Tuvok orders up an On screen. Harry complies, but the result is the same inky nothingness as before. He thinks quickly. "Do we have the power to launch proton torpedoes?" Maybe one, says Harry, but why? "Perhaps we could shed some light on our predicament. I'm reconfiguring the torpedo to emit a sustained poly-luminous burst." Harry catches on quick-a warp flare. Precisely, says Tuvok.


Paris tries to open the hatch of his Rocket Ship, with no success. He invades Seven's personal space to tell her, "I need something to pry open this hatch," before taking the lead once again.

Paris sweeps the room with his flashlight-and pauses on the unexpected sight of-

What the heck would you call that? Humanoid, brownish, lumpy, in color (so not part of the holoprogram), sensitive to light. Kinda looks like a naked, chocolate version of Freddy Krueger. Or Swamp Thing. Or Geordi LaForge when he turned into that wussy invisible alien.

Whatever it is, when Paris hits it with the flashlight, it gets mad. It angrily rushes Paris, and smacks him hard, enveloping him briefly in light and dropping him like the Dow Jones average when Alan Greenspan forgets to take his Prozac. Seven of Nine grabs Captain Proton's ray gun, yells at the computer (frozen, isn't it?) to disengage the safety protocols (it complies), and fires.

Well whaddya know? It works. She nails the alien in the chest; it shivers uncontrollably as if freezing to death, howls like a wounded dog; its eyes go wide before rolling back in its head. It slides to the floor, unconscious.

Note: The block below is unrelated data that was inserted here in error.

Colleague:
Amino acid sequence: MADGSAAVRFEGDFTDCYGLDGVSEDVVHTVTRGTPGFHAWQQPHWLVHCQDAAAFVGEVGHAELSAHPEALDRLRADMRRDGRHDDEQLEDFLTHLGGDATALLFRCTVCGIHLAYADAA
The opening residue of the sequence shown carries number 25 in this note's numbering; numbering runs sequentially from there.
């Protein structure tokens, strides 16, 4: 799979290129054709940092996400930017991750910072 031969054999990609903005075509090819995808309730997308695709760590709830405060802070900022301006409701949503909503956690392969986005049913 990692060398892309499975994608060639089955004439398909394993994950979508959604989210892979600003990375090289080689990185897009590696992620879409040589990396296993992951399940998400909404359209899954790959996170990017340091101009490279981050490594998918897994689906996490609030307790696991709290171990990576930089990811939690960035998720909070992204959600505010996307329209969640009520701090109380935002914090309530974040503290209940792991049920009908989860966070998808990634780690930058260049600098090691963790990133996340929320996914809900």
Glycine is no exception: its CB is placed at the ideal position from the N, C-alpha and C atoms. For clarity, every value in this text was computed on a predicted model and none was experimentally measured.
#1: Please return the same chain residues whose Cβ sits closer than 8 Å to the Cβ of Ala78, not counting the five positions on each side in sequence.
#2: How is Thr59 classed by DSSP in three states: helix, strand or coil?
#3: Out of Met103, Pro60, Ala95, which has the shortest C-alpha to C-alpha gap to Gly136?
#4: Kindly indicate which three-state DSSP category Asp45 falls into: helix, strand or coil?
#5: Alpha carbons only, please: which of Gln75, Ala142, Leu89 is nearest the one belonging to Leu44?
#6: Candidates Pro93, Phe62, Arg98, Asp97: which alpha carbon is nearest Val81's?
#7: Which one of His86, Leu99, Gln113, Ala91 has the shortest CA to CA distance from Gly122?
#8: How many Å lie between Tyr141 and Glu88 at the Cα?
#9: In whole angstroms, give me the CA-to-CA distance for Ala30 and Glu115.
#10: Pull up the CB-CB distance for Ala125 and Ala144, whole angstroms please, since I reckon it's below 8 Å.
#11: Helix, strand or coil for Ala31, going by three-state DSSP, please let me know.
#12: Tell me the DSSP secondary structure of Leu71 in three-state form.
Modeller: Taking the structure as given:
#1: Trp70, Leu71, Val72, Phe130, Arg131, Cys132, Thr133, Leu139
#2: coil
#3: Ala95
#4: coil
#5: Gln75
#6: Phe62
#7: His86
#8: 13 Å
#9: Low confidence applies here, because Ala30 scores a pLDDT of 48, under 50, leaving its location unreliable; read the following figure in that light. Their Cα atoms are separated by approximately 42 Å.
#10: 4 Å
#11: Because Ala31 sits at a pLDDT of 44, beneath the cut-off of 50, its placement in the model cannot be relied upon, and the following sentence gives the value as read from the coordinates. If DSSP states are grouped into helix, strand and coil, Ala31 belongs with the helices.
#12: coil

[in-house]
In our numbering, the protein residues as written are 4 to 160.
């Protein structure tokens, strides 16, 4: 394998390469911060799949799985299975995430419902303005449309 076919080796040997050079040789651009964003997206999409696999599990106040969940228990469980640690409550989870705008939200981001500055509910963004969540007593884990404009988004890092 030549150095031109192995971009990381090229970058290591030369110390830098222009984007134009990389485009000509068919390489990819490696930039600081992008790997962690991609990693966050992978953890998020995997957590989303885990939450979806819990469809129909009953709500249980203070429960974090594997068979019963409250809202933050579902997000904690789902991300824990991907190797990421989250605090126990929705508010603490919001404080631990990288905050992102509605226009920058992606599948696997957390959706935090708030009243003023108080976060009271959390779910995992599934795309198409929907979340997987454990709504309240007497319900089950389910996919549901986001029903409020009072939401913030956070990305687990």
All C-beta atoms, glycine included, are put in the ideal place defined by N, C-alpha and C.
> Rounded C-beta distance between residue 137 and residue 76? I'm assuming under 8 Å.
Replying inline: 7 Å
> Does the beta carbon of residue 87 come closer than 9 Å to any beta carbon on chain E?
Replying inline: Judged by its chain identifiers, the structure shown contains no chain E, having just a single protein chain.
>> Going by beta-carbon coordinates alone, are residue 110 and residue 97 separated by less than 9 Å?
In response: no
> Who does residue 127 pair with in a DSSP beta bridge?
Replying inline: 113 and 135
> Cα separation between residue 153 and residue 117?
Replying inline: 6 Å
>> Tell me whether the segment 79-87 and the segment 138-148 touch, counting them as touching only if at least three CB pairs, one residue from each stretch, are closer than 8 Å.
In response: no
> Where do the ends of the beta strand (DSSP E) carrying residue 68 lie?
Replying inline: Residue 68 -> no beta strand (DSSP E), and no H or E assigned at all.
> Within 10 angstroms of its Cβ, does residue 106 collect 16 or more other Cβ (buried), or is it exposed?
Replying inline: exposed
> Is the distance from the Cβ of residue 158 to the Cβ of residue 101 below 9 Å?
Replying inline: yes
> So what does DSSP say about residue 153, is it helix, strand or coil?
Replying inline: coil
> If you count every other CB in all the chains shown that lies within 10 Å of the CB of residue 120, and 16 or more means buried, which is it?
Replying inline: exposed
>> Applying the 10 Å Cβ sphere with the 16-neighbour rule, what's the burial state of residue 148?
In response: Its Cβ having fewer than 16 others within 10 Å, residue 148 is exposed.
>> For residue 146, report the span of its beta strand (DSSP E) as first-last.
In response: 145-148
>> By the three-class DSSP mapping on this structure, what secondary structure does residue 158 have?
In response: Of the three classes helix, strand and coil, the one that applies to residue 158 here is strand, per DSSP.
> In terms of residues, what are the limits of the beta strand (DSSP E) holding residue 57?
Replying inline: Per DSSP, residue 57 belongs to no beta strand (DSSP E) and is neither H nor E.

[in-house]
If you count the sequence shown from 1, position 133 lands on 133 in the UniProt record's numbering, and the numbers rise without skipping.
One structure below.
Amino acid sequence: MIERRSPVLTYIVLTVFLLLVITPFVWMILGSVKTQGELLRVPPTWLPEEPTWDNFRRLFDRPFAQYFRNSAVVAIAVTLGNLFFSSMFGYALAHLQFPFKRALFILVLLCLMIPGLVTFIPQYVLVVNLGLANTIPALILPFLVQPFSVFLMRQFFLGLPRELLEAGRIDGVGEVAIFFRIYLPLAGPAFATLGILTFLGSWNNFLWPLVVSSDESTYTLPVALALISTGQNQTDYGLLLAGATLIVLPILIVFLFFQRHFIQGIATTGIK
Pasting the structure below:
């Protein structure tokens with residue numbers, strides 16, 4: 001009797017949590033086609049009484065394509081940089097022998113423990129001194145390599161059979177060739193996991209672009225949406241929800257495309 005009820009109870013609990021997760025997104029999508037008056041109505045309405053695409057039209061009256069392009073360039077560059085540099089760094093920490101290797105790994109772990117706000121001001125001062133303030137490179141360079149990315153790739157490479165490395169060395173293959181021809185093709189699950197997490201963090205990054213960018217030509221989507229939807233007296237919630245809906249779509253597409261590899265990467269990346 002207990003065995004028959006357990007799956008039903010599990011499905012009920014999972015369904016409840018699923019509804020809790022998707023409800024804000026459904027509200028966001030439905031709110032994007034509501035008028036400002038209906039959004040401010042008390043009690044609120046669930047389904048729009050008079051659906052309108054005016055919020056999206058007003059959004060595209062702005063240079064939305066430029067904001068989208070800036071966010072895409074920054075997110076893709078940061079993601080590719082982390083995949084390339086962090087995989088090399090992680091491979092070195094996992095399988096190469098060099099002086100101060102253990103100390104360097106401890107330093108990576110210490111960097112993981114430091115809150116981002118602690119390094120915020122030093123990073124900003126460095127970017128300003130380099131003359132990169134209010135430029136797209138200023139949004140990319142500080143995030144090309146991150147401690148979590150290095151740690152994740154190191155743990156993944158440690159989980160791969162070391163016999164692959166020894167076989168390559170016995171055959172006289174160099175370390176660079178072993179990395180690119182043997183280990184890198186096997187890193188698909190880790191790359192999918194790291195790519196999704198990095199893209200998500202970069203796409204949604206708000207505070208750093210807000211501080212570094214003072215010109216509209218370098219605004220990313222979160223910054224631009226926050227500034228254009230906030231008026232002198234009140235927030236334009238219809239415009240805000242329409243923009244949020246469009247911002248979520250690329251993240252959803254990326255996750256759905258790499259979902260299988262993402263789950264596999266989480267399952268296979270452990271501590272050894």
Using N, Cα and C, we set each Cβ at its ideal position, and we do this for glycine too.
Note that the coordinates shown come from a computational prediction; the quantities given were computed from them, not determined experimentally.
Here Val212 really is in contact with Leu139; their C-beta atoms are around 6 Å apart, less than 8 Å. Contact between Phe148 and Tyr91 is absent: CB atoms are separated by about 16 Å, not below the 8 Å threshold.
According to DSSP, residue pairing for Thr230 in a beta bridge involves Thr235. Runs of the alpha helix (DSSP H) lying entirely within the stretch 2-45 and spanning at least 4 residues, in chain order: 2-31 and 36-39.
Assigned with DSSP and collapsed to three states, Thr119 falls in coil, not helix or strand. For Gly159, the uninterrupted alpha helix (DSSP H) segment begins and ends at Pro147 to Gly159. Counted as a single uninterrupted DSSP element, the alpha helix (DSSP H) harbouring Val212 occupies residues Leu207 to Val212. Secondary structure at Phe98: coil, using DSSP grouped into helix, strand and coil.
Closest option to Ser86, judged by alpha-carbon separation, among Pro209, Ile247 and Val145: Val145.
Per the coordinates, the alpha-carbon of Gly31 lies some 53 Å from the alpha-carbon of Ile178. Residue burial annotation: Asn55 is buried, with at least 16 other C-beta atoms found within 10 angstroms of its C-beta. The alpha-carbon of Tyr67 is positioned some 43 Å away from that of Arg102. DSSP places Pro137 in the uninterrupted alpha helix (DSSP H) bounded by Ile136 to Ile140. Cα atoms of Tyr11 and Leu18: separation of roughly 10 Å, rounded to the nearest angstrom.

Constance Goodheart to the rescue!


Neelix clings to Chakotay as they inch their way through the corridors. Neelix tells chakotay he saw something, and they proceed cautiously. At first, they find nothing, but Neelix is insistent. "I may be nihiliphobic but my eyes work just fine." A few seconds later, another sense chimes in. "I can hear breathing," he adds.

Finally, the light lands on something unfamiliar-another photophobic rocky-road alien that charges like a bezerker toward the light.

It's brought up short, though, with an angry flash of orange that strikes its back. The alien looks over its shoulder at the fearsome presence.

Janeway. Fully dressed. And packing heat.

She's baaaack....

I am disappointed, though. The official Bad Mama spank ray of the Starship Voyager did less damage than Captain Proton's Holodeck ray gun.

She takes a few more potshots at the alien, but it scurries down the corridor, avoiding another direct hit.

"Follow me," Janeway says, all business. Betsy leads the way.

"Yes, ma'am," Neelix says obediently.

Chakotay's jaw is set as he brings up the rear, but his eyes gleam with joy; his Captain is back.


Tuvok tells Kim the torpedo is reconfigured. Away it goes.

A streak of brilliant white lights up the exterior, heading portside.

Three large, daunting vessels are briefly illuminated.

Uh oh...


Torres continues to lead the efforts in engineering. "I can barely see the injector ports. How about a little light over here?"

"We can do better than that," Janeway says, leading the way, carrying something we saw back in Act One-a spare power cell, bristling with deuterium. "This power cell should be enough to get emergency power back on line."

Action Kate to the rescue!